Event attendance and sponsorship impacted by the downturn and pandemic


People raise hands to speaker at a conference event

For Devoxx UK, numbers this year are looking good but other conference organisers are reporting lower numbers both of attendees and sponsors.

In a time where the tech industry is still emerging from a global pandemic and funding is tight for many teams, what does this mean for developer conferences and how DevRel teams engage with events?

How does this affect developer event organisers?

Mark Hazell, organiser of Devoxx UK, states that attendee figures for his event have returned to pre-pandemic levels. Nevertheless, he shares that it has been a long, difficult journey to get there. The combination of an economic downturn in tech and the post-pandemic climate has impacted attendance across developer targeted events.

“The economic downturn means that household names that would normally always be at these developer conferences are now fighting with budgets. The prospect of making people redundant means that there is no space for sponsoring or attending events.”

Mark notes that there are three main challenges for event organisers such as himself:

  • Downward pressure on ticket and sponsorship prices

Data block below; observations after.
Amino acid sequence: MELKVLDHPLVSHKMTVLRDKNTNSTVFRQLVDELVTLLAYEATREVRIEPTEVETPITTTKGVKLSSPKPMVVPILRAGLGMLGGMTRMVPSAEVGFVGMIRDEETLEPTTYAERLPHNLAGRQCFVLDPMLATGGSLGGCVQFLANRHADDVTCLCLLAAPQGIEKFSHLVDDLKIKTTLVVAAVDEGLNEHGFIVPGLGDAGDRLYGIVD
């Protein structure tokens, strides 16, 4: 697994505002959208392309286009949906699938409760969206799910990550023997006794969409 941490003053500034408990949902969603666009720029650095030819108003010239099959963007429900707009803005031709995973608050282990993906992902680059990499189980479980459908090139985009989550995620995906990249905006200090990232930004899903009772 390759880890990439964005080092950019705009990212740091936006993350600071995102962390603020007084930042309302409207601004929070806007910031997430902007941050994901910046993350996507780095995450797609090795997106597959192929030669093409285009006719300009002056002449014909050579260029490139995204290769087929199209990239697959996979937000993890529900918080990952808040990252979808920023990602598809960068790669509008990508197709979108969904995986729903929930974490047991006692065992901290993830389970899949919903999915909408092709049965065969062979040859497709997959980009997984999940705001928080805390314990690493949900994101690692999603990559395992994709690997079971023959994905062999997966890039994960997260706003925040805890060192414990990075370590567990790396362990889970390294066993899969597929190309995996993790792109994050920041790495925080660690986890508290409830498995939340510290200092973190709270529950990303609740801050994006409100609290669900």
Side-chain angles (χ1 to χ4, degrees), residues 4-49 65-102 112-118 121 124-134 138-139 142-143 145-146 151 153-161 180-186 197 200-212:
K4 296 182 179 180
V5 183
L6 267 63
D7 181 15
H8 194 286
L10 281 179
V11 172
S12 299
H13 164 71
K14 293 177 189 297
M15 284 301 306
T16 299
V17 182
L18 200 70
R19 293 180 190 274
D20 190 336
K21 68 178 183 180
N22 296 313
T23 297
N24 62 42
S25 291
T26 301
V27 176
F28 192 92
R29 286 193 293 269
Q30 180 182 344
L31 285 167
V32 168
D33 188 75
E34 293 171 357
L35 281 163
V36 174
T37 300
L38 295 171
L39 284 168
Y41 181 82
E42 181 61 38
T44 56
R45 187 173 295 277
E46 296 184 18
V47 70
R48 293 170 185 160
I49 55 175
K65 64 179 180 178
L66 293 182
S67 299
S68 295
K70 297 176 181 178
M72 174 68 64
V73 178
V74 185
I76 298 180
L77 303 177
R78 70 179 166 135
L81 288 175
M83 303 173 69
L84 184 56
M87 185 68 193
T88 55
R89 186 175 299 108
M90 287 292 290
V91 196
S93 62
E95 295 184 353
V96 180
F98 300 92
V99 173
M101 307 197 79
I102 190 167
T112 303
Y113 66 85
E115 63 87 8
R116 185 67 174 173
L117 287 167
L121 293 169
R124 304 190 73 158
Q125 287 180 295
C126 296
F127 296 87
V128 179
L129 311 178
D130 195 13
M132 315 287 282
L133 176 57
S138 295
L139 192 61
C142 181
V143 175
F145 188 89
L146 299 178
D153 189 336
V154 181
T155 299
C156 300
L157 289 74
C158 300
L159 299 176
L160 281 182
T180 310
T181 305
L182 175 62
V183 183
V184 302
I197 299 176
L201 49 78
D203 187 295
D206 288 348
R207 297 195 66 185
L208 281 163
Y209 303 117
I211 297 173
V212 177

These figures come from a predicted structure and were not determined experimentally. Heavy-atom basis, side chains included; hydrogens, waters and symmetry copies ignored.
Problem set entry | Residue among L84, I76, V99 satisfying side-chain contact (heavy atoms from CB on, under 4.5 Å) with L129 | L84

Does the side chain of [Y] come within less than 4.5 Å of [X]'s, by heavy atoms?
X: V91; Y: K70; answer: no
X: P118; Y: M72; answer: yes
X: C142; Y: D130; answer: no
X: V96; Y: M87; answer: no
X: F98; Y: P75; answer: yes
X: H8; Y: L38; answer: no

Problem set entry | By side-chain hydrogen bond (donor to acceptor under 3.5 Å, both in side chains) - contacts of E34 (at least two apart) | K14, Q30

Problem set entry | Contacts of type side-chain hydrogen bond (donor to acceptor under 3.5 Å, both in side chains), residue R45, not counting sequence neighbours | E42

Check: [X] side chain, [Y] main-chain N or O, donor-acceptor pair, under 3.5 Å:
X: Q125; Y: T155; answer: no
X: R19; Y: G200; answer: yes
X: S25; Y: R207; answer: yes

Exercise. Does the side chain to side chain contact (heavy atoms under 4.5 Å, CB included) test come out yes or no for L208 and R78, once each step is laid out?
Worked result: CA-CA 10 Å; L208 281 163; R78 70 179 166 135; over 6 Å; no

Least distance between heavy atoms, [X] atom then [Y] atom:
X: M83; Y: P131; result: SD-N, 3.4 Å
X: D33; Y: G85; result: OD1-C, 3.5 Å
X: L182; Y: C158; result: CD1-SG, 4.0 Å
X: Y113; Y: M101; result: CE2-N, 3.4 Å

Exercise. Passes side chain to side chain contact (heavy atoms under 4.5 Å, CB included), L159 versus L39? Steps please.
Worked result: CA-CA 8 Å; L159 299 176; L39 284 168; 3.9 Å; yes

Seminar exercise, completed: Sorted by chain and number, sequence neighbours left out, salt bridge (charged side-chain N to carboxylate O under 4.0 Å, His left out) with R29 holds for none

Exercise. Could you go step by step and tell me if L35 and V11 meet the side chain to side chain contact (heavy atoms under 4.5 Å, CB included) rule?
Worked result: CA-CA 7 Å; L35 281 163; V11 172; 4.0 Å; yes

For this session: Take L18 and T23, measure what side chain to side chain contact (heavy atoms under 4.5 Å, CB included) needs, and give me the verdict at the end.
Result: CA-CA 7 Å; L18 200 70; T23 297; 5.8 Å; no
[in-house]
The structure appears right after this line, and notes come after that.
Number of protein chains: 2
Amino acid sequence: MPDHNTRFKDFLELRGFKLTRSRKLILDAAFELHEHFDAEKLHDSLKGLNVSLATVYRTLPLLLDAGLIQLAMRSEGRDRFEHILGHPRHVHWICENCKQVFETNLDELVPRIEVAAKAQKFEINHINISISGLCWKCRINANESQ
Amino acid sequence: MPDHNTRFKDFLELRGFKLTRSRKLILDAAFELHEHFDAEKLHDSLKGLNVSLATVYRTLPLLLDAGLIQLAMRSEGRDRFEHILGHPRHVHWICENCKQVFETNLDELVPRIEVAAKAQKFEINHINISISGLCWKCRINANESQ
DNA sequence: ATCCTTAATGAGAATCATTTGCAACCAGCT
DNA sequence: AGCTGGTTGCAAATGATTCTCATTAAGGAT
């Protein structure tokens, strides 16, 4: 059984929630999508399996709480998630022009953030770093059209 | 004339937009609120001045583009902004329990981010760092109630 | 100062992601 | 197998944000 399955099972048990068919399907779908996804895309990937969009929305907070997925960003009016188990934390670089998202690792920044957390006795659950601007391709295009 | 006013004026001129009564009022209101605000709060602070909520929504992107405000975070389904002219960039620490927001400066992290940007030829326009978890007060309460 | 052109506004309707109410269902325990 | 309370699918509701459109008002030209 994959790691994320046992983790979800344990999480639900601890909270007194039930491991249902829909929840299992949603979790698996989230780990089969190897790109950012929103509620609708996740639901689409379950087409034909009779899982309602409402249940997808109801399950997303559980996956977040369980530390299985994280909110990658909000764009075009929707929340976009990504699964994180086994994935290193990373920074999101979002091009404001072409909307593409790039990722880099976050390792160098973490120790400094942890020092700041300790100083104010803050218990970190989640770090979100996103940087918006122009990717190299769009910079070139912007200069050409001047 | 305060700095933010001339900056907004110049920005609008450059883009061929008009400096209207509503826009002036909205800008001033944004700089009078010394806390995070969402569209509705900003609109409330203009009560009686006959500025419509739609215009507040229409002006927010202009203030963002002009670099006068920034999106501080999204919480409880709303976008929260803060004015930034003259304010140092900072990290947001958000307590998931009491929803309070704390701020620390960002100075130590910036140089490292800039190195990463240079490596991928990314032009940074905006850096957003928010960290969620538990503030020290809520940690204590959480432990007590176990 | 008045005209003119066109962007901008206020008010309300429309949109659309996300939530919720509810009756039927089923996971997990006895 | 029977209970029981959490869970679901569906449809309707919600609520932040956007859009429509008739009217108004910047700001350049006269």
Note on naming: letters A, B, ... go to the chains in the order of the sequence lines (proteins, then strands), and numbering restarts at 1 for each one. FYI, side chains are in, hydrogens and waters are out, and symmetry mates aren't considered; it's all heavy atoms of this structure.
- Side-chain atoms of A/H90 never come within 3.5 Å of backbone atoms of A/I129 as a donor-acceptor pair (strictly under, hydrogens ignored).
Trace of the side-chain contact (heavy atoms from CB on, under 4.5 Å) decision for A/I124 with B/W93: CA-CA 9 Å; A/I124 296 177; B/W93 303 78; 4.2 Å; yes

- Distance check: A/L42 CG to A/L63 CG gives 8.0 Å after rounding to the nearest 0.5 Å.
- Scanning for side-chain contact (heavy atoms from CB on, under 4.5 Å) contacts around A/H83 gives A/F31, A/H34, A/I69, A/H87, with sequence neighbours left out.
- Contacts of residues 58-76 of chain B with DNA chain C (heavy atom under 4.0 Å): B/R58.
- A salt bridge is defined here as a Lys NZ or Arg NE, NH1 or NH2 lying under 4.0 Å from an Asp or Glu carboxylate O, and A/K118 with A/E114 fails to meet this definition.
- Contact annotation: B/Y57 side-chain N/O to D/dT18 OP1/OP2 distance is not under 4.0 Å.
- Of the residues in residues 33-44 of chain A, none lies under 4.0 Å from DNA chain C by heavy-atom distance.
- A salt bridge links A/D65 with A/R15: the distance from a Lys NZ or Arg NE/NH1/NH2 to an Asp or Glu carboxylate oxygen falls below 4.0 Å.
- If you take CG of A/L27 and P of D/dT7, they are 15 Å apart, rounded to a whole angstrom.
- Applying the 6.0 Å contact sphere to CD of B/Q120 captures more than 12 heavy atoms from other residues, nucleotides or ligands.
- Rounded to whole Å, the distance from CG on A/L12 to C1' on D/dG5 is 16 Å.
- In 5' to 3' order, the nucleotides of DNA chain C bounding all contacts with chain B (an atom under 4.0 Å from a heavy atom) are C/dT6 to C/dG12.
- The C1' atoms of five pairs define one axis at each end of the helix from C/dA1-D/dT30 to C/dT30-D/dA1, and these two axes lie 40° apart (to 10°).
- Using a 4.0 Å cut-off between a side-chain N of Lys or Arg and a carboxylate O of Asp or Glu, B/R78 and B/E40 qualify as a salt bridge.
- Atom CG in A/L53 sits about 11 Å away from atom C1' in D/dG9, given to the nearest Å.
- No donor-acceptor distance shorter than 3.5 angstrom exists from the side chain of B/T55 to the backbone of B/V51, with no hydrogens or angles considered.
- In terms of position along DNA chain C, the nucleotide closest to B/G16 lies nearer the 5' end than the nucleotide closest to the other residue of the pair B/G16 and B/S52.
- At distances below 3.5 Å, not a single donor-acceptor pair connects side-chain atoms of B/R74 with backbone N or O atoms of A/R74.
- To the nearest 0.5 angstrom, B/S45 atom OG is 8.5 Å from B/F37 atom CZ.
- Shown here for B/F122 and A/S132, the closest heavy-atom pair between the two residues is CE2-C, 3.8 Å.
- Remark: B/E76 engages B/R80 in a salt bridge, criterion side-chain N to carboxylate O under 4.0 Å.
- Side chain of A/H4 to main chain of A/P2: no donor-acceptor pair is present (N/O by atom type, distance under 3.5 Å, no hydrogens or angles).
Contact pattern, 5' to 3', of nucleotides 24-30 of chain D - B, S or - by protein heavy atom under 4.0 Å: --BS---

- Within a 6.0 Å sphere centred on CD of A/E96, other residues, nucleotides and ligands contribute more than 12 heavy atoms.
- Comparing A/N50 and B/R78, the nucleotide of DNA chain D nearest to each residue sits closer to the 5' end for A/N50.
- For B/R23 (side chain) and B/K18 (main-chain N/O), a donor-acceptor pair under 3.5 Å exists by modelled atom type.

• Higher expectations of value as both attendees and sponsors reduce the number of events they engage with and so must get more from those they do
  • Speakers who were booked to participate when they were working for one company then cancelling when they are impacted by layoffs

Some good news, perhaps, is that the lack of household names taking sponsorships has made way for smaller companies.

Change in attendee pattern, change of strategy

Ane-Sophie Custura, Head of Marketing at GoTo Conferences at Trifork, reports that the company has seen a change in attendee patterns. This has meant that the organisation has often had to adapt its methods of convincing people to attend conferences. In her view, the world has become so hybrid that meeting face-to-face no longer seems a necessity. That said, attendee figures are still looking good for Trifork’s events.